One thing that terrifies me about cancer is the idea that friends will stop being emotional with me and instead make my misfortune the center of everything we talk about. To keep moving forward I want to know, and share, what’s making you happy, yes, but also what’s annoying you. “You have to empower the other person in any relationship to be as much of themselves as they can be,” Dr. Norlock said. It turns out that griping — and hearing the gripes of others — is a central part of me feeling like me.

We all struggle. Even those of us working through particularly difficult moments in our lives have the capacity to empathize with others, and for me at least, empathizing feels good. Throughout the pandemic, and now as we watch the horrors of the war in Ukraine, it’s easy to feel that unless our circumstances are the worst, we’re undeserving of any compassion at all.

This is just wrong. For one, it makes us less likely to ask for the help we need, and two, it creates a power dynamic in which the person who is struggling is somehow beholden to the listener, rather than acknowledging that we all move through tough times and the person bringing my family a casserole while I’m at chemo today, may someday in a few months, or a few years, need a meal, or child care, or a ride while she grieves the loss of a parent or grapples with a chronic illness.

We are not competing in the suffering Olympics. We live in an unjust world. I often feel unworthy of complaint as I head to chemo at a dedicated cancer center in my car that’s paid off, my stupidly expensive cellphone pinging with well wishes from friends and neighbors letting me know that they will be bringing enchiladas over later. Being sick is incredibly resource-intensive, and I’m well aware that I have more than many people. But recognizing that others have it worse doesn’t change the fact of my own suffering — which is real.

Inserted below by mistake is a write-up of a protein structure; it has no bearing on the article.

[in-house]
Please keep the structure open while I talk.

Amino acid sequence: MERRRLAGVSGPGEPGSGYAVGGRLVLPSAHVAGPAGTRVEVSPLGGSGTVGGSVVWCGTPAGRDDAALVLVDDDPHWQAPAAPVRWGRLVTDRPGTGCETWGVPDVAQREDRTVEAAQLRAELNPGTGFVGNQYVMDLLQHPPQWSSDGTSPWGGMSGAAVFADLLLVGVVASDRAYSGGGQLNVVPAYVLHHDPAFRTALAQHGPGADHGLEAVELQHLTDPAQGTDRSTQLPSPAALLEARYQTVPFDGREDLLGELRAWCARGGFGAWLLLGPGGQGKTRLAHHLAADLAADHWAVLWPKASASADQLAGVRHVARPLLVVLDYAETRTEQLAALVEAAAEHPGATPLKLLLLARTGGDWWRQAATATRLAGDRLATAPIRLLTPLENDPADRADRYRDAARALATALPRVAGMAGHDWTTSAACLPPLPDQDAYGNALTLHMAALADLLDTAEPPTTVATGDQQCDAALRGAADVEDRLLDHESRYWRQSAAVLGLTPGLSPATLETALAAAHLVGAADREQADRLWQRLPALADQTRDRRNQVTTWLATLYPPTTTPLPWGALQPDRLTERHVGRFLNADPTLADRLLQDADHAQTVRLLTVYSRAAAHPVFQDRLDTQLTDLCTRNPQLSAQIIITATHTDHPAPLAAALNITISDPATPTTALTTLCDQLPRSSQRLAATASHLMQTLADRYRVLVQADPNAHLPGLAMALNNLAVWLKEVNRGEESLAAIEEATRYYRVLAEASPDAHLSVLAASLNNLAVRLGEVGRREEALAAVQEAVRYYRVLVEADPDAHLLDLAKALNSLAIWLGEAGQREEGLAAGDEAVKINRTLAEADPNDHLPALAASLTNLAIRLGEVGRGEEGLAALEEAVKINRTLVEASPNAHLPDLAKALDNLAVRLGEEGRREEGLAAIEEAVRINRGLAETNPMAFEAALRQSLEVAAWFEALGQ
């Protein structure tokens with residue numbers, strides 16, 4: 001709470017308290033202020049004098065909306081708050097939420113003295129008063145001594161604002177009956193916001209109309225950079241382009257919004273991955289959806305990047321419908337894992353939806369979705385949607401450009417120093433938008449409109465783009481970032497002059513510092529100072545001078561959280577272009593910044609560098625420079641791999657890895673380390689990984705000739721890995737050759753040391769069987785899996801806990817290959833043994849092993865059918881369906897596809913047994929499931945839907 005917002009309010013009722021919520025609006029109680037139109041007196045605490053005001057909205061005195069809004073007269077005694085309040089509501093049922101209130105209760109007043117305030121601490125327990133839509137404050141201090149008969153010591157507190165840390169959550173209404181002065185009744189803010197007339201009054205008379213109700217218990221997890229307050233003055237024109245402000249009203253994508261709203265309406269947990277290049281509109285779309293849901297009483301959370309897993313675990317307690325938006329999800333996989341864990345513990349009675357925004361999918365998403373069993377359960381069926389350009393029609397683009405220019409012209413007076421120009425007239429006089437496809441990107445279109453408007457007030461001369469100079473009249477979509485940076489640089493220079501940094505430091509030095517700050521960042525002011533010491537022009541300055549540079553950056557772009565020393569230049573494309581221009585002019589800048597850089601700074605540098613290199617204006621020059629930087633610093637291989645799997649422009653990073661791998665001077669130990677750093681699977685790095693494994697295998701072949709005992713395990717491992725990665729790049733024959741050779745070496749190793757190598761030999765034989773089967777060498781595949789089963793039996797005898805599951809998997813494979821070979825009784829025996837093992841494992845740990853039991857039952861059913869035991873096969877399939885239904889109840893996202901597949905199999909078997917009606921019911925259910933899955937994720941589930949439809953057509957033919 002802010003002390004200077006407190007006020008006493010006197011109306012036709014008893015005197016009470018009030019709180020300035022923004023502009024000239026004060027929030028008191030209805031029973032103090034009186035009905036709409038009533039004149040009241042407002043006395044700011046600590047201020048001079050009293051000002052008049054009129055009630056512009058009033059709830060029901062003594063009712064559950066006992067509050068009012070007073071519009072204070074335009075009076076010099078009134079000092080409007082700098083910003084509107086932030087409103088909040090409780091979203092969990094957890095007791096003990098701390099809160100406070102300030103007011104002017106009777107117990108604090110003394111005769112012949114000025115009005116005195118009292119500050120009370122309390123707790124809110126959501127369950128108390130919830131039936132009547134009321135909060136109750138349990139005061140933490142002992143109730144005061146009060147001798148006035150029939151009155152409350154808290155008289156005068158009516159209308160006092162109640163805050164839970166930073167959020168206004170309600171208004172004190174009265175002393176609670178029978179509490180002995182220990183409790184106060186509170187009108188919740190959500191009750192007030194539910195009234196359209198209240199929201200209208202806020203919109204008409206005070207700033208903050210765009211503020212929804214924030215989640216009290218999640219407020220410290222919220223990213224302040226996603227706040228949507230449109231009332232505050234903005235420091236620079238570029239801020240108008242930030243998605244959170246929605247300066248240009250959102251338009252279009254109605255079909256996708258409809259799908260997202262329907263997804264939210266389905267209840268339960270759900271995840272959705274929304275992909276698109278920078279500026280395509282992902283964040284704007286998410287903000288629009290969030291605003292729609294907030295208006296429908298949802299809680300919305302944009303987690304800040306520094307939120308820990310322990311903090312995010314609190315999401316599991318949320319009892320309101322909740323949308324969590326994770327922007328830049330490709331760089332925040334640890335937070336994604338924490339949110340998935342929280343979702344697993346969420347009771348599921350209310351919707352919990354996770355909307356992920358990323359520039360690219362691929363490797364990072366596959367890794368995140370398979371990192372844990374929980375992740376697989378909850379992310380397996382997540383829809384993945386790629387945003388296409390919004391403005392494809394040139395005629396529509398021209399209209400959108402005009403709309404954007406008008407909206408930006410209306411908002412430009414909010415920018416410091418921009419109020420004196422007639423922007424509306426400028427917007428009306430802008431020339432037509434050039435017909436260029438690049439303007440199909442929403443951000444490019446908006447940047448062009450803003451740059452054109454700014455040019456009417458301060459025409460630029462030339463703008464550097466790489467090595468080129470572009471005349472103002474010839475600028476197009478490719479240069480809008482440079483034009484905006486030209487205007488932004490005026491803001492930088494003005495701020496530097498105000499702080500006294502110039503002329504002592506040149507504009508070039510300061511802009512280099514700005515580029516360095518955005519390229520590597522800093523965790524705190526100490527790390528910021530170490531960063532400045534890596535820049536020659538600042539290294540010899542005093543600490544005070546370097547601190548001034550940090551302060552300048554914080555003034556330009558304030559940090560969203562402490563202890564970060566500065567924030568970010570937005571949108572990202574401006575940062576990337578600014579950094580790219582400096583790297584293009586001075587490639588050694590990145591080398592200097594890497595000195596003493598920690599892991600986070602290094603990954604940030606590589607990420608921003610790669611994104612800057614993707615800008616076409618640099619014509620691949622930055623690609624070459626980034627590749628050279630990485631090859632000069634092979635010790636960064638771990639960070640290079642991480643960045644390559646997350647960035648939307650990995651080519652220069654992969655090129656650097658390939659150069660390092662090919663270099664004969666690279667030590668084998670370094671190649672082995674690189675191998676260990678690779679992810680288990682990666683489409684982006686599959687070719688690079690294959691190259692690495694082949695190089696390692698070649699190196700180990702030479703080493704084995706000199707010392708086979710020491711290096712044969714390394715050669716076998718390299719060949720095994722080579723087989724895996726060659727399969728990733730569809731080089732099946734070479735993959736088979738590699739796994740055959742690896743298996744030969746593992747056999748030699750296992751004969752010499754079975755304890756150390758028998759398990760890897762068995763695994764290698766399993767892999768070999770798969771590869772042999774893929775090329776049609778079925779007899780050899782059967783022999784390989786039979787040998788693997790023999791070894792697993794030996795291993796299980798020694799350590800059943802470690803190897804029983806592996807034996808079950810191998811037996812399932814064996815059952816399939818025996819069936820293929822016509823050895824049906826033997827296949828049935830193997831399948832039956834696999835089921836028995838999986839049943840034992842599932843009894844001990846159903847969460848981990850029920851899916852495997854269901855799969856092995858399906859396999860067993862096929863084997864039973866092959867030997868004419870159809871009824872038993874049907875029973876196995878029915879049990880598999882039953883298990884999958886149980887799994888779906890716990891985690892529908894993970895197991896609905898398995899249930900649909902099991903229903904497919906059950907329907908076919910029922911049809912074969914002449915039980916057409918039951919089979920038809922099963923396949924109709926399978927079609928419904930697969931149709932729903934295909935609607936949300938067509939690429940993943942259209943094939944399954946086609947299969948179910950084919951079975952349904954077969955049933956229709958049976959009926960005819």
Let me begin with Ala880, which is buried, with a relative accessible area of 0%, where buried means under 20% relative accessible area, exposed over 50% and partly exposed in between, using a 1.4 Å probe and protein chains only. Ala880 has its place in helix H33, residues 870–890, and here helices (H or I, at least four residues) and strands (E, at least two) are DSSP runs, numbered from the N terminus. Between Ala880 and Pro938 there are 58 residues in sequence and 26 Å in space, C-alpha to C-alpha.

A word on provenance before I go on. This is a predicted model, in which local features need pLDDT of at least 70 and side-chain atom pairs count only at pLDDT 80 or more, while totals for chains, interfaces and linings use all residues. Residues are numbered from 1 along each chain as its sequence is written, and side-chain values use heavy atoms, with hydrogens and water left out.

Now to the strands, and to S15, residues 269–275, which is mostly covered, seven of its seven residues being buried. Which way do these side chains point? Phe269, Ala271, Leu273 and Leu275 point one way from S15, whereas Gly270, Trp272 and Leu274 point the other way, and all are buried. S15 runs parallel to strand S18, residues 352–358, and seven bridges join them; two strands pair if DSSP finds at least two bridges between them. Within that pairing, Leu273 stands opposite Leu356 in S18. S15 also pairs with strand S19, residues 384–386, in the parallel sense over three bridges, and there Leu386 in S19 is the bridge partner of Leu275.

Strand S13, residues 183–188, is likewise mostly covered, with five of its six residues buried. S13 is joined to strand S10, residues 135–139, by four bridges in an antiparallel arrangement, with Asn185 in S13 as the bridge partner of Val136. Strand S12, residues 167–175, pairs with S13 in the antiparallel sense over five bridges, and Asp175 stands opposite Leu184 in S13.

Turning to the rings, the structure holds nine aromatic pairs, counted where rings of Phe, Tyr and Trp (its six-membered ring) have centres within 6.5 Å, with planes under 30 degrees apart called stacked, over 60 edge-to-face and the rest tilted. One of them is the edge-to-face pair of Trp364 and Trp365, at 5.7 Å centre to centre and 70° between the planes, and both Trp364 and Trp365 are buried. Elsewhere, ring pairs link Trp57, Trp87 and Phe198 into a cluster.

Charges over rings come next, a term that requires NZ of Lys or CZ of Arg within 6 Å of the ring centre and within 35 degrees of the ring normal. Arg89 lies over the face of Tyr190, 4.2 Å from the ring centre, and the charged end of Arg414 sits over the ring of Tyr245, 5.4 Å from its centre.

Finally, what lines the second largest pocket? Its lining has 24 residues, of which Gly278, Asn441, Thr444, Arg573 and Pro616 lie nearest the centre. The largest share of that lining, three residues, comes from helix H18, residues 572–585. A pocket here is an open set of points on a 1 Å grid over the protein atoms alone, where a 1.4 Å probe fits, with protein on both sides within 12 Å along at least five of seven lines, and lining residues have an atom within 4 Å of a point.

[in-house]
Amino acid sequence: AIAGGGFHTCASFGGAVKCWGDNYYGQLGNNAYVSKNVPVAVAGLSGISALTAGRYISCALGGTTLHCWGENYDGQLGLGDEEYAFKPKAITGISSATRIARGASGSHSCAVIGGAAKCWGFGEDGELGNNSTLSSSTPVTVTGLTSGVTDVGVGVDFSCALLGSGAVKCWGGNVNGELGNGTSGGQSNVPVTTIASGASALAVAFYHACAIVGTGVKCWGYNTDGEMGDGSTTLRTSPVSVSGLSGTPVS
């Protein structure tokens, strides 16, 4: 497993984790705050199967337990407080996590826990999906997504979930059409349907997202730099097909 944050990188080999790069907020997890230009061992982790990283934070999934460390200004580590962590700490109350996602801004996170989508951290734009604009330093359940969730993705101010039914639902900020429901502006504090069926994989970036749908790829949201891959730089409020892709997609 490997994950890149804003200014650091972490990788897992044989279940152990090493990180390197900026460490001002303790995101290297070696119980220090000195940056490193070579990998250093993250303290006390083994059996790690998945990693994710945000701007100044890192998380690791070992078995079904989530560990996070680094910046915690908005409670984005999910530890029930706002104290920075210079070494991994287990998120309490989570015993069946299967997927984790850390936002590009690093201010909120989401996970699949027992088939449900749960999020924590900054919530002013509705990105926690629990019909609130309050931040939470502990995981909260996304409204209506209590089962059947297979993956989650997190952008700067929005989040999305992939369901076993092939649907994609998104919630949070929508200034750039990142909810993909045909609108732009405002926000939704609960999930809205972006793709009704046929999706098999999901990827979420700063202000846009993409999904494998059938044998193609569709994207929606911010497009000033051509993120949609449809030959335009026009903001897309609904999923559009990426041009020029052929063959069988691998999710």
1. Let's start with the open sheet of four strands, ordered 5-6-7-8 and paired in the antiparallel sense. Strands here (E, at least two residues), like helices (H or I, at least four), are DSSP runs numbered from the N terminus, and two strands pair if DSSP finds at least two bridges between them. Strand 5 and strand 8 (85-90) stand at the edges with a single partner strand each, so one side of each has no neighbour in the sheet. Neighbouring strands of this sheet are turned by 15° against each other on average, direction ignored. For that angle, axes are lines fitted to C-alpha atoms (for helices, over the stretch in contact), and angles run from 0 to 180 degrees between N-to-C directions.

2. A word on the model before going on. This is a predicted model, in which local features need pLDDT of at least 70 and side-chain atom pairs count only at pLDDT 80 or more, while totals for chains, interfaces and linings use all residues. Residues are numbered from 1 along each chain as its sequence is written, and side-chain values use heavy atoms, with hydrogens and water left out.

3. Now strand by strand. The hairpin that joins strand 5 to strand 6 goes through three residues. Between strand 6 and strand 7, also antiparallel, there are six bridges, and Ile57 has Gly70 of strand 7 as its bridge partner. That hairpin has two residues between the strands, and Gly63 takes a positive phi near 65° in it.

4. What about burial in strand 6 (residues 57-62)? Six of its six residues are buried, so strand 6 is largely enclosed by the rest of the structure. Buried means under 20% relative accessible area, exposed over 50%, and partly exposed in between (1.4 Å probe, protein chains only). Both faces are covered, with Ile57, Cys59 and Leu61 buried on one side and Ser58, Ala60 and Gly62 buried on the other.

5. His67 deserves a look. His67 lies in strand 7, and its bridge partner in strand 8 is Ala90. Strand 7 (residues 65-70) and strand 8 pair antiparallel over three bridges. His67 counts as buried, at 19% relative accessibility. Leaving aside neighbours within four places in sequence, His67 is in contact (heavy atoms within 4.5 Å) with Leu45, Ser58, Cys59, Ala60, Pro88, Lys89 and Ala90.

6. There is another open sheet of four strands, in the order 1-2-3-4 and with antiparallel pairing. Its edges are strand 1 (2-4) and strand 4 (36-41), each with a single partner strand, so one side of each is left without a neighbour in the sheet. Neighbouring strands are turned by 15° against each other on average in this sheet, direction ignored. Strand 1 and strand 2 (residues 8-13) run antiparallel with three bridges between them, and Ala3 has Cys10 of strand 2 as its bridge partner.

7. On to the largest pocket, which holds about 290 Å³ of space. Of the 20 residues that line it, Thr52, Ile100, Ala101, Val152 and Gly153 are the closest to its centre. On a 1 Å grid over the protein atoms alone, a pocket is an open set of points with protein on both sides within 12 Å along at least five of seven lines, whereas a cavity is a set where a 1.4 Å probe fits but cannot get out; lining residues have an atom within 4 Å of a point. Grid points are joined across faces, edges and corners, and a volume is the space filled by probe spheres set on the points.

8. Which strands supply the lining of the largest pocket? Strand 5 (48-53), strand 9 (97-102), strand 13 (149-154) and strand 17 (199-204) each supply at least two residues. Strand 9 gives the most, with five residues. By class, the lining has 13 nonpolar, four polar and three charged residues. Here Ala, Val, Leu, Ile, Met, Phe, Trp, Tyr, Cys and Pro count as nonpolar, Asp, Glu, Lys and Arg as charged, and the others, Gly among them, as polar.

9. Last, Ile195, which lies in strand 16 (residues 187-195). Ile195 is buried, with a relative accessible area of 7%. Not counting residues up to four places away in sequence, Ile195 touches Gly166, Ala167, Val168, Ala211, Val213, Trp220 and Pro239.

My daily life is spent balancing the practical with the existential; as I piece together a summer of camps and activities for my children, there’s a subnarrative in the back of my head wondering how they will remember me if I die, and what I can do to prepare them for that. The light and the heavy are inextricably bound together, and this is really always the case. Close to 40 percent of Americans will be diagnosed with cancer in their lifetimes, and we’re all going to die of something. The reality of that is just closer to the surface for me right now.

When you have cancer, you hear a lot about the importance of a positive outlook, and to a certain extent that’s true. But looking on the bright side can start to feel like a script I’m performing rather than an actual communication of what I’m feeling. When I’m complaining about how annoying it is to have to constantly vacuum up my own hair, as if some kind of giant cat lives in my house, and I’m met with a sympathetic ear and fellow feeling in the form of a gripe, that feels honest. I feel like myself, not the sad cancer mom who can think only about her mortality.

The truth is that I’m both of those things. I’m aggressively optimistic, out here living my life, making vacation plans, reading bedtime stories and working. I’m also scared a lot. And it helps me to know that one of my worst fears — becoming someone deemed worthy only of sympathy rather than a fully reciprocal friendship of shared triumphs and disappointments — hasn’t come true.

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